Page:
Hypertension and nephrology

[Causes of and therapeutic opportunities in resistant hypertension]

SIMONYI Gábor, GENCSI Kristína

MARCH 22, 2013

Hypertension and nephrology - 2013;17(01)

[Hypertension is an independent cardiovascular risk factor and one of the most frequent diseases in Hungary. In the treatment of hypertensive patients usually more than two drugs are needed for the appropriate blood pressure control. Resistant hypertension (RH) is defined when blood pressure remains above target value despite full doses of antihypertensive medications, which consist of at least three different classes of drugs including a diuretic administered in maximal doses. The frequency of RH can reach 20-30% among hypertensive patients. RH increases the cardiovascular risk because of the lack of target blood pressure. RH is multifactorial and it is important to exclude pseudo-resistant hypertension (e.g. poor compliance, white coat effect). In the background of RH we can find lifestyle factors (e.g. obesity, excessive salt intake, alcoholism, etc.) and a variety of drugs (e.g. non-steroids, corticosteroids, sympathomimetics). In the pathogenesis of RH the increased activity of the sympathetic nervous system has an important role. In the treatment of RH we should manage lifestyle factors and it is important to assess the drugs and diseases (e.g. sleep apnea, chronic kidney disease, diabetes mellitus) which may cause increased blood pressure. It is no exact recommendations for the treatment of RH. Therapy often consists of 4-5 various drugs in combination. An important role has the device therapy of RH in recent years (e.g. stimulation of the carotid baroreceptors and renal denervation) as well.]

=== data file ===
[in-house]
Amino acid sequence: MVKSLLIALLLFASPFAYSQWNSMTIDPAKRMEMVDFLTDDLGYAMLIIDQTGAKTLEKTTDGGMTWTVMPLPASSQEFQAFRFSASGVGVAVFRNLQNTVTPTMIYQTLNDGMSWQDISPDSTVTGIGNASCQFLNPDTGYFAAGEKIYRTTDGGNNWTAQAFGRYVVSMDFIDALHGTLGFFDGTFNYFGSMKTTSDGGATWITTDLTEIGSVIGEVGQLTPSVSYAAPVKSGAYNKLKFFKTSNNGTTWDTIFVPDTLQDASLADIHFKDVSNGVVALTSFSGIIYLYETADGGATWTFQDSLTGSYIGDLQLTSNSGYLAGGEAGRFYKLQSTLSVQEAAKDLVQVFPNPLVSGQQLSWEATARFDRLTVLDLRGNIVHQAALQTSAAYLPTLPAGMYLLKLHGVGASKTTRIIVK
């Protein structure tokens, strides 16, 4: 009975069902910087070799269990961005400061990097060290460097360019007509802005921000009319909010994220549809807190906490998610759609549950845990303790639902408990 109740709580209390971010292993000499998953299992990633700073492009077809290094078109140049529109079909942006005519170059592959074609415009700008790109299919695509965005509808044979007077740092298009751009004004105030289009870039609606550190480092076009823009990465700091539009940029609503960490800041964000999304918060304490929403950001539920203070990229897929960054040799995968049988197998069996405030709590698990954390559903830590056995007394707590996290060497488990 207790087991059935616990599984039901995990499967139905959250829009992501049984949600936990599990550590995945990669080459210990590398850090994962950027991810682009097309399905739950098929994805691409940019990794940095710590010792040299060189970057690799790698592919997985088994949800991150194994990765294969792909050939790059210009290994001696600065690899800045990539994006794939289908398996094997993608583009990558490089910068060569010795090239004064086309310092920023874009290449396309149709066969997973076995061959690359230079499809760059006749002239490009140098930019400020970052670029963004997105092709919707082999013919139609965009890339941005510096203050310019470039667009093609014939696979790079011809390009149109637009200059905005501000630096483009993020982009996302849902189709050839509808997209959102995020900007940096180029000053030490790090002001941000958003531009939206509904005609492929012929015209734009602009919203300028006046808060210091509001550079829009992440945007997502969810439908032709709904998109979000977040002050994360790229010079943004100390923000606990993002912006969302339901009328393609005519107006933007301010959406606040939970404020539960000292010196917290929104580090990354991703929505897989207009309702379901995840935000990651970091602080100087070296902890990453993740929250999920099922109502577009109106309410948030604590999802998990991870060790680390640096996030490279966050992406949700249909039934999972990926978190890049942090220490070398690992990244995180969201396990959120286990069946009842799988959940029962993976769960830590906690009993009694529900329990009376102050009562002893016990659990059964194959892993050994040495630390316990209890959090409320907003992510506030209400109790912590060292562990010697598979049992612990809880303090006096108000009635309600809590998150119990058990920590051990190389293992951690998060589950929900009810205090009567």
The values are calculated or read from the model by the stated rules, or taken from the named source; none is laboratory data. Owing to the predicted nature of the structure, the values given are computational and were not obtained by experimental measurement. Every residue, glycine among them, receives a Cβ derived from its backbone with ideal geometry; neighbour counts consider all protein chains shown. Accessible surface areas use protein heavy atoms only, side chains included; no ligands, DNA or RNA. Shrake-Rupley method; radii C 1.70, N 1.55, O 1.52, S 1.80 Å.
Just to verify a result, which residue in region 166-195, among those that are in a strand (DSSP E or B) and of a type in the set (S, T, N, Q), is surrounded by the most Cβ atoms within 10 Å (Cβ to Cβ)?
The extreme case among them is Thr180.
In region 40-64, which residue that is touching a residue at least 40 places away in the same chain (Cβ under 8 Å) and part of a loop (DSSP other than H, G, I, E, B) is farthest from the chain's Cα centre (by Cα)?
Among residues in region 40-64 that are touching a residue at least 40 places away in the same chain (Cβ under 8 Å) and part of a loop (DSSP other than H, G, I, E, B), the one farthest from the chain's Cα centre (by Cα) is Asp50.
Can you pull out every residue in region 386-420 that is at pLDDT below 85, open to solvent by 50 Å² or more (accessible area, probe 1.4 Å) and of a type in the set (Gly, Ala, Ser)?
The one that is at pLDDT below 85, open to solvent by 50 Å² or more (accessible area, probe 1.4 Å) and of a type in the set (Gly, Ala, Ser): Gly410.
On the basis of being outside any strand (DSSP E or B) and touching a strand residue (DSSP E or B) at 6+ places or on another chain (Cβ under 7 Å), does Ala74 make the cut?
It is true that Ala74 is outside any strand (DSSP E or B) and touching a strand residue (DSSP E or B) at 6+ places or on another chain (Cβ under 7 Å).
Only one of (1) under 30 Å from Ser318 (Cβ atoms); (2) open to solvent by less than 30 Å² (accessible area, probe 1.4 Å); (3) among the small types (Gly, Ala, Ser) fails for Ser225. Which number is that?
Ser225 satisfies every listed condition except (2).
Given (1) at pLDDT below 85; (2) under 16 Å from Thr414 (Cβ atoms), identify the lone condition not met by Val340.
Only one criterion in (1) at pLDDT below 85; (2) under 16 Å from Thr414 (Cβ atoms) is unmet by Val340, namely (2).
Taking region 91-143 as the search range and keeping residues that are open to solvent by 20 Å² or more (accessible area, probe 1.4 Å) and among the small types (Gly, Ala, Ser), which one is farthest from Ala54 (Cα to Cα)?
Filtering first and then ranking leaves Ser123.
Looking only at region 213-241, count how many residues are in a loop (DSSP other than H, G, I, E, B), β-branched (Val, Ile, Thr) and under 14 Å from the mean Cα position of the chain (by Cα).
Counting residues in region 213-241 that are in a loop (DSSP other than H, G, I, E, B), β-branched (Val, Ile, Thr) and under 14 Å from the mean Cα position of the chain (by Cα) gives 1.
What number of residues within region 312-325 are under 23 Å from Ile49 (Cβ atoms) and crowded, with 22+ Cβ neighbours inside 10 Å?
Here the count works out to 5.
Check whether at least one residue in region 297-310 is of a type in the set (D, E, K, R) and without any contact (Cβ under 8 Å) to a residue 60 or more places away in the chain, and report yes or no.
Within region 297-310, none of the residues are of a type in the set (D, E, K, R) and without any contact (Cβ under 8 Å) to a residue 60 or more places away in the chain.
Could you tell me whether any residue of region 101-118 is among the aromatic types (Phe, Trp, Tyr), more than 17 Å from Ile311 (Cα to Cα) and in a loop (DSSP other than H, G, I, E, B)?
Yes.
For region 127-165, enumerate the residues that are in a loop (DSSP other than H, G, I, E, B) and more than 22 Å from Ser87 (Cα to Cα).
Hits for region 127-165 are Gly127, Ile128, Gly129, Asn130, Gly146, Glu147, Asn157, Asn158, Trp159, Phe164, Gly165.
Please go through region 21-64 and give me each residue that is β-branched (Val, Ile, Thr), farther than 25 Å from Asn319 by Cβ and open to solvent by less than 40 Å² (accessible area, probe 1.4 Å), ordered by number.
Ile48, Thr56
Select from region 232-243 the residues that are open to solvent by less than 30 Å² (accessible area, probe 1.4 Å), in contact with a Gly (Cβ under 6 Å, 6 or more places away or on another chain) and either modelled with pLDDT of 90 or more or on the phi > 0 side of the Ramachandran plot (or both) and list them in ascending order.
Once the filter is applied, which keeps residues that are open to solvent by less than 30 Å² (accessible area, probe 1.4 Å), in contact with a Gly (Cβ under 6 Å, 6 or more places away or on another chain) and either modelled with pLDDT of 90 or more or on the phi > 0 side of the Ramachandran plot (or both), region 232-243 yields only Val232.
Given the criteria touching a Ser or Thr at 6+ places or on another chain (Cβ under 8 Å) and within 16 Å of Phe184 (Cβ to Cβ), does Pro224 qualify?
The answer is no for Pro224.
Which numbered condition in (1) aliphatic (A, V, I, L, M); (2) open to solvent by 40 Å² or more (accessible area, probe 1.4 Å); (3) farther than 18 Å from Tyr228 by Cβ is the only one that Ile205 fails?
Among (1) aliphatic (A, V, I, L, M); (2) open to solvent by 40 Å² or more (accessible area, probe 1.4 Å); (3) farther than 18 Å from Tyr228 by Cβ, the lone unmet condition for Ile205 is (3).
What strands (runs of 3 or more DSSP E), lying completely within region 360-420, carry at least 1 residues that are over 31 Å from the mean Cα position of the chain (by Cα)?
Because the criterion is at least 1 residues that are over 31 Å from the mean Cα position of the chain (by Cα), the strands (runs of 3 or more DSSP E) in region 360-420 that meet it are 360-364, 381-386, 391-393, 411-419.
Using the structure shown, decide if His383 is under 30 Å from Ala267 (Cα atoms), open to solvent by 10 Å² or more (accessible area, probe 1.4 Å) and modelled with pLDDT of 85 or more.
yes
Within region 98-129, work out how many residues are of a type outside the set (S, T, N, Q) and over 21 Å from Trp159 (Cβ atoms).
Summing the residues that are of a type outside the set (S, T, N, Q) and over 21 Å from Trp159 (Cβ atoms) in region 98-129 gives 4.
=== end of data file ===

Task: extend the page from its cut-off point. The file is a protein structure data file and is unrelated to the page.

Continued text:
COMMENTS

0 comments

Further articles in this publication

Hypertension and nephrology

[Paradigmal changes in renal replacement therapy. Dialysis and drug therapy of quality in chronic renal patients - Optimal and adequate opportunities of dialysis therapy]

KISS István, SZEGEDI János, FODOR Erzsébet, BARABÁS Noémi, REMPORT Ádám, AMBRUS Csaba, KULCSÁR Imre